According to a 2022 survey conducted by Microsoft, 62% of Gen Zers reported that they have already started or intend to start their own business in the future, demonstrating that they are the most entrepreneurial generation yet. Many young people have turned to Depop, Vinted and ThredUp to get a taste of the entrepreneurial flare and some have made it big as ‘top sellers’, rewarded with hefty six-digit sales. To qualify as a top seller on Depop, you must achieve an average rating of 4.5, ship your items within three days on average and sell 50 items with an average of $20 per listing for at least four consecutive months. Sounds pretty hard. However, some top sellers have gone above and beyond these requirements, with the quasi-celebrity Bella McFadden, owner of the IGirl shop boasting 378,000 followers and 68,000 items sold, becoming the first seller on Depop to earn $1 million at age 24. Other top sellers have abandoned the platform completely, opting to start-up their own stores, sometimes physical ones as 27-year-old Emma Rouge has with her brick-and-mortar store, Rogue. Now, she sells 90s vintage jewelry, mini-skirts and baggy jeans in downtown New Jersey, though she used to clock in a lofty $7,000 per month on Depop. A more relatable success story comes from then-seventeen-year-old Chelsea Aves who pays for her classes and books at community college with the $500 to $1500 she brings home per week with the 1,600 items she sold. By selling on Depop, she has developed the skills of customer service, inventory management, marketing, networking, negotiation and even supply chain management by arranging international shipping.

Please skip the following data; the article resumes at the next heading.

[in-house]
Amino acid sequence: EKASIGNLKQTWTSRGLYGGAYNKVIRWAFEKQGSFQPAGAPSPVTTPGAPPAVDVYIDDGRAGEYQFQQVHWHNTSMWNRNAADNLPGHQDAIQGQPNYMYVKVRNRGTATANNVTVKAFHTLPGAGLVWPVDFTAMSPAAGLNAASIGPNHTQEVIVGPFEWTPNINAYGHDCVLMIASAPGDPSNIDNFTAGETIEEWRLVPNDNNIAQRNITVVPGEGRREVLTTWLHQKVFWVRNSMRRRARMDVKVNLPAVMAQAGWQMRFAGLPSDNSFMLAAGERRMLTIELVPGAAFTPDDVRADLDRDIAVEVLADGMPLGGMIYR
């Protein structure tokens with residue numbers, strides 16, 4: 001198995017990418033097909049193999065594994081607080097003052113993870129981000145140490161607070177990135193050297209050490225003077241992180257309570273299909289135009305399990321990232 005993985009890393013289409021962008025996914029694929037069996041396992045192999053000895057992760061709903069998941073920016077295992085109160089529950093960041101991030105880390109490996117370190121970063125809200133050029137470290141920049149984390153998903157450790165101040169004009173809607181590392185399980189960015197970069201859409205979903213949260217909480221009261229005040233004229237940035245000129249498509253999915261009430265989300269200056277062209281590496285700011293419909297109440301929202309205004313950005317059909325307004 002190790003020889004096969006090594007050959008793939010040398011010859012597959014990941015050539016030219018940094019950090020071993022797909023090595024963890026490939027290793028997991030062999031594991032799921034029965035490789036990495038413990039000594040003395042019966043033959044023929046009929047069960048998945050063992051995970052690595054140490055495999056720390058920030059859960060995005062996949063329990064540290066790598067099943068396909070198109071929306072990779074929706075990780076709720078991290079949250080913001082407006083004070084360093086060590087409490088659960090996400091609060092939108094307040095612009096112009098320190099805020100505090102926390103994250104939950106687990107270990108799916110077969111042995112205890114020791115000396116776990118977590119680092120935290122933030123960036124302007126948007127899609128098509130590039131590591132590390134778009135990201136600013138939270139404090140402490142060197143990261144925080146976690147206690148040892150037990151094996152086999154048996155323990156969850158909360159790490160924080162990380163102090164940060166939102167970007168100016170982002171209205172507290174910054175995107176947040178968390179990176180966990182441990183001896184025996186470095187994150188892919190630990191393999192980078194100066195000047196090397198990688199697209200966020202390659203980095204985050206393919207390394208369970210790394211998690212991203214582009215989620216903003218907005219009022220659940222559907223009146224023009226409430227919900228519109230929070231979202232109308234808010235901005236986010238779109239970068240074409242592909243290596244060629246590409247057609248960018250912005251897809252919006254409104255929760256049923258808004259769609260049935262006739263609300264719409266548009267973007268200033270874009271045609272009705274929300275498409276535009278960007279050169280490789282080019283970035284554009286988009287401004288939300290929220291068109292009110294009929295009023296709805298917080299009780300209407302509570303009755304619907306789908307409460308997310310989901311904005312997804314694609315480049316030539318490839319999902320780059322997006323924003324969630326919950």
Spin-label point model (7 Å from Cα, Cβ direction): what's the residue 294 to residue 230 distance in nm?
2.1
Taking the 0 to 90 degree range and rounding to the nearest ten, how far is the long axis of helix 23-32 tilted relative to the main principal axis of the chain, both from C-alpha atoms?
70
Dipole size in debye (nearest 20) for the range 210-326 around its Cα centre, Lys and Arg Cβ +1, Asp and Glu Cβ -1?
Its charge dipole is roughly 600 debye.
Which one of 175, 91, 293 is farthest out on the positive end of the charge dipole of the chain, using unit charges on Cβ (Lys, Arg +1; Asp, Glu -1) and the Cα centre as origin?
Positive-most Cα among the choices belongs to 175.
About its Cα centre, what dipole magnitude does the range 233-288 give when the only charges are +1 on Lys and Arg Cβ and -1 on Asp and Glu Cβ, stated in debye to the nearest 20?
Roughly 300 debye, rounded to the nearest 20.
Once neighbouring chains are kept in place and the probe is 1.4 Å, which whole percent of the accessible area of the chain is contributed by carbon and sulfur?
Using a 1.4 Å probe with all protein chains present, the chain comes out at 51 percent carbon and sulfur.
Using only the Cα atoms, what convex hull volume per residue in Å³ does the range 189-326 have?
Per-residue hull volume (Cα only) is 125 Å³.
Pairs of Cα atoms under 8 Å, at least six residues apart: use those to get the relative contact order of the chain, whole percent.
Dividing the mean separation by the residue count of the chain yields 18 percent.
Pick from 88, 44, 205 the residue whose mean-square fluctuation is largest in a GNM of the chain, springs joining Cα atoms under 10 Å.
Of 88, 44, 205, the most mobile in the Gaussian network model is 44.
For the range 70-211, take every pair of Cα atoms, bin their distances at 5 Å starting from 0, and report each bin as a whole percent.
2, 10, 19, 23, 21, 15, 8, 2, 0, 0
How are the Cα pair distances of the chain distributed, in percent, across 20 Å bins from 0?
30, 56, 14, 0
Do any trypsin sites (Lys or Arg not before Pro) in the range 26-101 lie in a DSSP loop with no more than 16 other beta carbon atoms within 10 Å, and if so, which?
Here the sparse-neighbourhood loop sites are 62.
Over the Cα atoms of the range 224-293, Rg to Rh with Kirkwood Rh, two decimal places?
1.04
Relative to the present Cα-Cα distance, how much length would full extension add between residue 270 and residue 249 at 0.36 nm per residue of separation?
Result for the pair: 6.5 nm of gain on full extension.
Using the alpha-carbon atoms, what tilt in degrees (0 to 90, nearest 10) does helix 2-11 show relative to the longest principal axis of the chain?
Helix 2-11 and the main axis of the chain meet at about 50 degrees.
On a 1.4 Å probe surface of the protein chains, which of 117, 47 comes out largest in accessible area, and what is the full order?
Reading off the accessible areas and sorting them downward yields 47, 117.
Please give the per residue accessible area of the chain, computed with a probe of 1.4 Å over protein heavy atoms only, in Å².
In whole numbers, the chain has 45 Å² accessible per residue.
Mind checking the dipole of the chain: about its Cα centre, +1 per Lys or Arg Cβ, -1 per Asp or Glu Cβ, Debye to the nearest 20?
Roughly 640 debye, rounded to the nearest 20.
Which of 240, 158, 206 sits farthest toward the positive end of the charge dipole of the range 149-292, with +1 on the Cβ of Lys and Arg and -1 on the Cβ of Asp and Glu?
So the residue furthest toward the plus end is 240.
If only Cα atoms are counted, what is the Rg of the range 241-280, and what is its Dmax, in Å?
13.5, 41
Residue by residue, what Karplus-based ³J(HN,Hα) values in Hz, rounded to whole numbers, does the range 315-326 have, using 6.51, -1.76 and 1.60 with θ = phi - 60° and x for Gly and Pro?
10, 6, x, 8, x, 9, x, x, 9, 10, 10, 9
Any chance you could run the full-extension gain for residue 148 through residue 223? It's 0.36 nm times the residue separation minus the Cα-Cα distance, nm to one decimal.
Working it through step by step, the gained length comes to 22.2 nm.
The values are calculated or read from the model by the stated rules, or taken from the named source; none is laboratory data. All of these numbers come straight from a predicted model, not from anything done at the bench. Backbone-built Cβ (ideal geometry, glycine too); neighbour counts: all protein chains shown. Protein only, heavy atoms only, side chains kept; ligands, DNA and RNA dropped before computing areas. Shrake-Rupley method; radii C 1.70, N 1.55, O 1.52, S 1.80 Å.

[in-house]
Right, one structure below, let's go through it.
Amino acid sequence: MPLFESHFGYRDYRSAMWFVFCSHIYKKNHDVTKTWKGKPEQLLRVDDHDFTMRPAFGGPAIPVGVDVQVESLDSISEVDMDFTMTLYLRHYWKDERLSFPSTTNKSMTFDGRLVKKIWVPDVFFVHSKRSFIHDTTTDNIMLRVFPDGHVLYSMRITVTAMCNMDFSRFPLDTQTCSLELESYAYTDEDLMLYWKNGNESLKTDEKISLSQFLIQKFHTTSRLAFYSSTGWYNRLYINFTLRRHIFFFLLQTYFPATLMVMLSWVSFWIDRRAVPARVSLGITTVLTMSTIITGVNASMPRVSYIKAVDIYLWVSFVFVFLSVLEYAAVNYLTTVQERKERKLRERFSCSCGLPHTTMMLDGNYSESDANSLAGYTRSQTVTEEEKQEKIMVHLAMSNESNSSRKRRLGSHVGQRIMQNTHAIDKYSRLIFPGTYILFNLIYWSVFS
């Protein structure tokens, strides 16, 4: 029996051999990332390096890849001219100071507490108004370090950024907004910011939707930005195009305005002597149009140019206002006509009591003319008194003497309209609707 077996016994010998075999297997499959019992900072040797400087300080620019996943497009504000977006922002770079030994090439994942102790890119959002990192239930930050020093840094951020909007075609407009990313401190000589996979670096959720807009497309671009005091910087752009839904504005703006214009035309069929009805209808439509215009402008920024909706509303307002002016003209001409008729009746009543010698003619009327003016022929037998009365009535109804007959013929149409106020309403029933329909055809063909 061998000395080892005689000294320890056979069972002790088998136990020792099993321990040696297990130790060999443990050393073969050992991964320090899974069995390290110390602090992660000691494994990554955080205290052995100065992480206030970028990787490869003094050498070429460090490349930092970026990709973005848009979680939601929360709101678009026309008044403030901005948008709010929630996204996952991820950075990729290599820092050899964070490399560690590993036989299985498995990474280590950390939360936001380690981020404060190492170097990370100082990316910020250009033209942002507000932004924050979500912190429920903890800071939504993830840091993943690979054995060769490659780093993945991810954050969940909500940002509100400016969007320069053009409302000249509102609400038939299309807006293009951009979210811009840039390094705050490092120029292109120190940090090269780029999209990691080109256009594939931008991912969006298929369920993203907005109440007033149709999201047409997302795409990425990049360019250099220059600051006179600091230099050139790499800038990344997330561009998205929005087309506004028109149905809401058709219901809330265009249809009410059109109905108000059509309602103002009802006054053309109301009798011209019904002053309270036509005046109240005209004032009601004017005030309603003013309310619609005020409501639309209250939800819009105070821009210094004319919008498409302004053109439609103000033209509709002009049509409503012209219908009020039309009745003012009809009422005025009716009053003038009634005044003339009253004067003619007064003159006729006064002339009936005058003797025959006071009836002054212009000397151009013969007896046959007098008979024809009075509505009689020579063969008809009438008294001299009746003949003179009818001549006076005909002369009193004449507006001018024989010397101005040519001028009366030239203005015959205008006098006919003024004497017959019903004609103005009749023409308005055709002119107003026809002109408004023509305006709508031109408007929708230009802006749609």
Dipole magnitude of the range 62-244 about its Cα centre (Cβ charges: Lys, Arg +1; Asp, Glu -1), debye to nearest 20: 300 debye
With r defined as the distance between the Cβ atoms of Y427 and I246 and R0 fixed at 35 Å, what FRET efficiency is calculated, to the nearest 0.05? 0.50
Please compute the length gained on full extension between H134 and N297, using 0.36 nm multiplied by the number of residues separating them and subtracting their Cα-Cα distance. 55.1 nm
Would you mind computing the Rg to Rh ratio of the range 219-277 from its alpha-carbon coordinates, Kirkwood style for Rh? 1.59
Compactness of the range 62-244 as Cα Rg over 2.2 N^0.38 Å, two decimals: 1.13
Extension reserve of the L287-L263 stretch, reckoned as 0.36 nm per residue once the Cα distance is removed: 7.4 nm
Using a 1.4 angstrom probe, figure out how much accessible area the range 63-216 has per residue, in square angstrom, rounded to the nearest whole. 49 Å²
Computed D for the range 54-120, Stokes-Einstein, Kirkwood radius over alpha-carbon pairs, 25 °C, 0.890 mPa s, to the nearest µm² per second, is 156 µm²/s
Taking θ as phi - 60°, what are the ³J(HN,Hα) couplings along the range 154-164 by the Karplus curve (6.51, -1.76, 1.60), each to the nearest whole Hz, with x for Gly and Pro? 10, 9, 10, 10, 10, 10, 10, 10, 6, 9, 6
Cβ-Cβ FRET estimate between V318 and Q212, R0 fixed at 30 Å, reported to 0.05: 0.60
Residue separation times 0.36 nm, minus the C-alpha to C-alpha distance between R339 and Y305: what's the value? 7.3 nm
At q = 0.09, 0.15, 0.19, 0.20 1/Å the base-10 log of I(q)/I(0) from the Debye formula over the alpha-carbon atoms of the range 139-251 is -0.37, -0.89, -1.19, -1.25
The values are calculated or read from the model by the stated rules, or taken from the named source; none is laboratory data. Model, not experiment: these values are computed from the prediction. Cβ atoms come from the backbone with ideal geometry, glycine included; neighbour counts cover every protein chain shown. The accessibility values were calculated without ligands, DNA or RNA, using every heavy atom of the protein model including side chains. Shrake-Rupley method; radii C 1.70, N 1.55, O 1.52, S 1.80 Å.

To Depop or not to Depop?

At the same time, some consumers have questioned the ethics of making it big on second-place e-commerce platforms. Obviously, for the average person, selling an average of $2,600 per month isn’t feasible simply by decluttering their closet; according to a Closetmaid survey, the average woman owns 103 clothing items. Alternatively, top sellers have turned to thrift stores and charity organizations for stock, posting their exploits in ‘thrifting haul’ Tiktoks for all to gawk at. These bulk purchases are deemed problematic for several reasons. First, they prevent other thrifters from coming across such finds. Second, they raise the prices of thrifted items for low-income shoppers—if a $3 t-shirt at Goodwill is priced for $20 on Depop, then the former is discouraged to keep prices so low. However, top sellers argue that these exponential price inflations are justified due to the effort they put into sorting through dozens of bins, the cost of shipping, and the 10% fee that Depop charges per transaction. 


Nevertheless, most Depopers seem to agree that buying second-hand is at least sustainable, regardless of where or how it was sourced. It certainly beats buying into fast fashion corporations such as Shein or H&M, which have both outsourced child labor and boasted plenty of human rights violations. But does it really? By providing those who consume fast fashion with the option to sell cheaply-made pieces they don’t like, Depop actually encourages fast fashion (though not directly) through a process called greenwashing. Still, it is reassuring for many to know that their purchase prevented a piece of clothing in pristine condition from ending up in the landfills. Surely, second-place e-commerce is here to stay for the next few decades.

About the Author

Emily Zou

Emily Zou

Emily is a Business Analytics Writer at Girls For Business.